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Anti Locking Brakes

Why ABS?

To reduce the possibility of locking a wheel(s) during panic braking in an emergency resulting in loss of control

Introduction
An anti-lock braking system (ABS) is a safety system on motor vehicles which prevents the wheels from locking while braking. The Anti-lock Braking System is designed to maintain vehicle control, directional stability and optimum deceleration under severe braking conditions on most road surfaces It does so by monitoring the rotational speed of each wheel and controlling the brake line pressure to each wheel during braking. This prevents the wheels from locking up.

A rotating road wheel allows the driver to maintain steering control under heavy braking

History
1929 Anti-lock braking systems were first developed for aircraft, by Gabriel Voisin, 1950 Dunlop's Maxaret introduced a system and still in use on some aircraft models 1960 A fully mechanical system used in the Ferguson P99 racing car, the Jensen FF and the Ford Zodiac, but saw no further use; the system proved expensive and, in automobile use, somewhat unreliable 1964 Limited form of ABS in Austin 1800, utilizing a valve which could adjust front to rear brake force distribution when a wheel locked 1971 Chrysler, and Bendix Corporation, introduced 1971 Imperial. Called "Sure Brake", 1971 ABS Systems based Mercedes design were later introduced on other cars. GM introduced the "Trackmaster" ABS on their Cadillac models

1975 Ford also introduced ABS on the Lincoln Continental Mark III and the Ford LTD station wagon, called "Sure Trak 1978 Bosch and Mercedes-Benz introduced the first completely electronic 4-wheel multi-channel ABS system in trucks and the Mercedes-Benz SClass 1988 BMW became the world's first motorcycle manufacturer to introduce an electronic/hydraulic ABS system, this on their BMW K100 1992 Honda launched its first ABS system, this on the ST1100 Pan European 1997 Suzuki launched its GSF1200SA (Bandit) with ABS Today ABS has become a standard equipment even for small cars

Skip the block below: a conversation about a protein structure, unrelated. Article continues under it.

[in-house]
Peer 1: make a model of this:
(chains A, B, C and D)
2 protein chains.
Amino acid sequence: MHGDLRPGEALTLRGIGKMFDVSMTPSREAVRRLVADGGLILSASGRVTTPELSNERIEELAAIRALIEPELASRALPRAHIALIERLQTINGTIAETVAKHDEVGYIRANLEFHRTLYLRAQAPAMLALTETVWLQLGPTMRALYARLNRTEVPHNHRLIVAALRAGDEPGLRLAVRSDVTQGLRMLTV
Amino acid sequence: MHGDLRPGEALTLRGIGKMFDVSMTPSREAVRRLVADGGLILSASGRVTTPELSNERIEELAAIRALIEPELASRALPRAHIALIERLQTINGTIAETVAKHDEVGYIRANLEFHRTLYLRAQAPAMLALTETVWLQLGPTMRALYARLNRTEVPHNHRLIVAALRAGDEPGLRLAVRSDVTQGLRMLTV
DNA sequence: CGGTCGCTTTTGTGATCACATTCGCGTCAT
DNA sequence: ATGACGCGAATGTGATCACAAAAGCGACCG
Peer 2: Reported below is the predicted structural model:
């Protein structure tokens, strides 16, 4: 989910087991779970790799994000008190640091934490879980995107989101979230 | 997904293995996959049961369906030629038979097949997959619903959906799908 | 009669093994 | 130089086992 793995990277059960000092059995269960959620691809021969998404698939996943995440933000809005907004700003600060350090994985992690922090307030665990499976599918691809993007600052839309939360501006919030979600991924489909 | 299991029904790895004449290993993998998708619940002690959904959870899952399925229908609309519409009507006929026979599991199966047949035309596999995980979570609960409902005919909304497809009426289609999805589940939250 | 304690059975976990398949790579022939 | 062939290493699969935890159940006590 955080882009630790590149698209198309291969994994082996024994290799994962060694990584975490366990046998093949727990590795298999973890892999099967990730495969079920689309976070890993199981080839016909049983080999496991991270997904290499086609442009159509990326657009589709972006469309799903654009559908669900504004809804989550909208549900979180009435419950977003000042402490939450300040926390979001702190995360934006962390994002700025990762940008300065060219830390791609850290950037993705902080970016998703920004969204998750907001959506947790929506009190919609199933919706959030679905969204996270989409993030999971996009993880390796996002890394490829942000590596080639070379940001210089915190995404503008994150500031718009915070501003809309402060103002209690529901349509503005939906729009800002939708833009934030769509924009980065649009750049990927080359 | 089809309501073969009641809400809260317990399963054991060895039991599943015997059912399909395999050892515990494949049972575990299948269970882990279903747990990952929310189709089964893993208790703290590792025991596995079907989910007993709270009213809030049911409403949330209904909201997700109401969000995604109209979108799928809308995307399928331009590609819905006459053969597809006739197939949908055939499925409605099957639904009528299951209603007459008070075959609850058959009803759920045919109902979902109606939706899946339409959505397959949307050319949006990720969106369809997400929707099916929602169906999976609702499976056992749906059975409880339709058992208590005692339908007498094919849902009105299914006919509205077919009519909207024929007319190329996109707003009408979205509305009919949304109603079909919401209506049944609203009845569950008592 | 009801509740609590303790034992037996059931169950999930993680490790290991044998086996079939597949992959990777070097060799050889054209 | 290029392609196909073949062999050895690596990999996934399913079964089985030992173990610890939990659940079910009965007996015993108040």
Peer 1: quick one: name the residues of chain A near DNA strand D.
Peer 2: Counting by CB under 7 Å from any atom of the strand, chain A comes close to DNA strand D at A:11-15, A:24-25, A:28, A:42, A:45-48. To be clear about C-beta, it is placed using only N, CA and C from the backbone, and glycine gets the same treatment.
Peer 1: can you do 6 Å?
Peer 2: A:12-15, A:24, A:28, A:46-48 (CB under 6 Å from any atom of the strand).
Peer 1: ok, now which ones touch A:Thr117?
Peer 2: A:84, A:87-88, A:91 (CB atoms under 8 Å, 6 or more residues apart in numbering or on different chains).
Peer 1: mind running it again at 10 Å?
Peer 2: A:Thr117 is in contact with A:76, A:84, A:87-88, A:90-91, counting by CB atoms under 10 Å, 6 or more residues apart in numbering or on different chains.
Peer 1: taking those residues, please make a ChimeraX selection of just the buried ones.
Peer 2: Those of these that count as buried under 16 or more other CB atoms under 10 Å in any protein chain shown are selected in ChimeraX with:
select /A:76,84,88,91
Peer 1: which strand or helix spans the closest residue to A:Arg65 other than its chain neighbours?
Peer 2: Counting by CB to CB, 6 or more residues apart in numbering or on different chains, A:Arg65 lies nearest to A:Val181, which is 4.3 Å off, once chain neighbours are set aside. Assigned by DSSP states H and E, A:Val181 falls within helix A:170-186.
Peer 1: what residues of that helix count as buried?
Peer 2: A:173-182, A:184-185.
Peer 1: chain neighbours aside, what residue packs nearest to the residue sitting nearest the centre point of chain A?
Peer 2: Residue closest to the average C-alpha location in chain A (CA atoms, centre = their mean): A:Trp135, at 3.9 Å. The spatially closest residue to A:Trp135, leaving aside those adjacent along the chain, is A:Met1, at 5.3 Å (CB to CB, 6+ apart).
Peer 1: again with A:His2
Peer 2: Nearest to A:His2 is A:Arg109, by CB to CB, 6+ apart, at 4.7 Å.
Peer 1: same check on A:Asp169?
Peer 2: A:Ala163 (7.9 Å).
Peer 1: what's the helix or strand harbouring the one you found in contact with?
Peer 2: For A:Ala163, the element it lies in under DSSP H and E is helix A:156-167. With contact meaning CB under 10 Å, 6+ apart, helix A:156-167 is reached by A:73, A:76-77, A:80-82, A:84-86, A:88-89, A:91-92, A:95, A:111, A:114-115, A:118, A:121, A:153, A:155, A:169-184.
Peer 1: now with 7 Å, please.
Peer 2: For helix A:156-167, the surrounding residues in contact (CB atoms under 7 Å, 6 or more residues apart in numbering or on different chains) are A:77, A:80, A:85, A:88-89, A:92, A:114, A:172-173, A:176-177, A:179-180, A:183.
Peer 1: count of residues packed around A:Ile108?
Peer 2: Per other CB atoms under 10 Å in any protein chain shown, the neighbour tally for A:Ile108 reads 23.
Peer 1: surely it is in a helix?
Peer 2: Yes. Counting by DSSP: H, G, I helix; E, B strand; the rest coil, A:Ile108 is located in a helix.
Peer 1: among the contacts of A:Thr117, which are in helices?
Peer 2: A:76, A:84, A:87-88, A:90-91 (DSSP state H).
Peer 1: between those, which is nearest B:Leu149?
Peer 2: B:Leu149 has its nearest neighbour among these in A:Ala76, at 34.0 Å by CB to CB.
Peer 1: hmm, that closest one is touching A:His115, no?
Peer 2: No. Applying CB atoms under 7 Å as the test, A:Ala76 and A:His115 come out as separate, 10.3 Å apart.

Theory
The theory behind anti-lock brakes is simple. A skidding wheel (where the tire contact patch is sliding relative to the road) has less traction than a non-skidding wheel.

Three Types of Behaviour to Be Considered


Locked wheel(s) wont steer Locked wheel(s) generally brake with less efficiently than rolling ones except on certain surfaces i.E. Snow & ice Locked rear wheel(s) induce directional instability

ABS Avoids Problems By: Automatically sensing when the wheel(s) are about to lock Cyclically releasing and re-applying the brakes (modulating) to that wheel(s) until the vehicle has slowed sufficiently This maintains wheel rotation allowing the vehicle to be steered around an obstacle

Basic Operation
The Anti-lock Braking System is designed to maintain vehicle control, directional stability and optimum deceleration under severe braking conditions on most road surfaces It does so by monitoring the rotational speed of each wheel and controlling the brake line pressure to each wheel during braking. This prevents the wheels from locking up.

The sensors - one at each wheel send a variable voltage signal to the control unit, which monitors these signals, compares them to its program information, and determines whether a wheel is about to lock up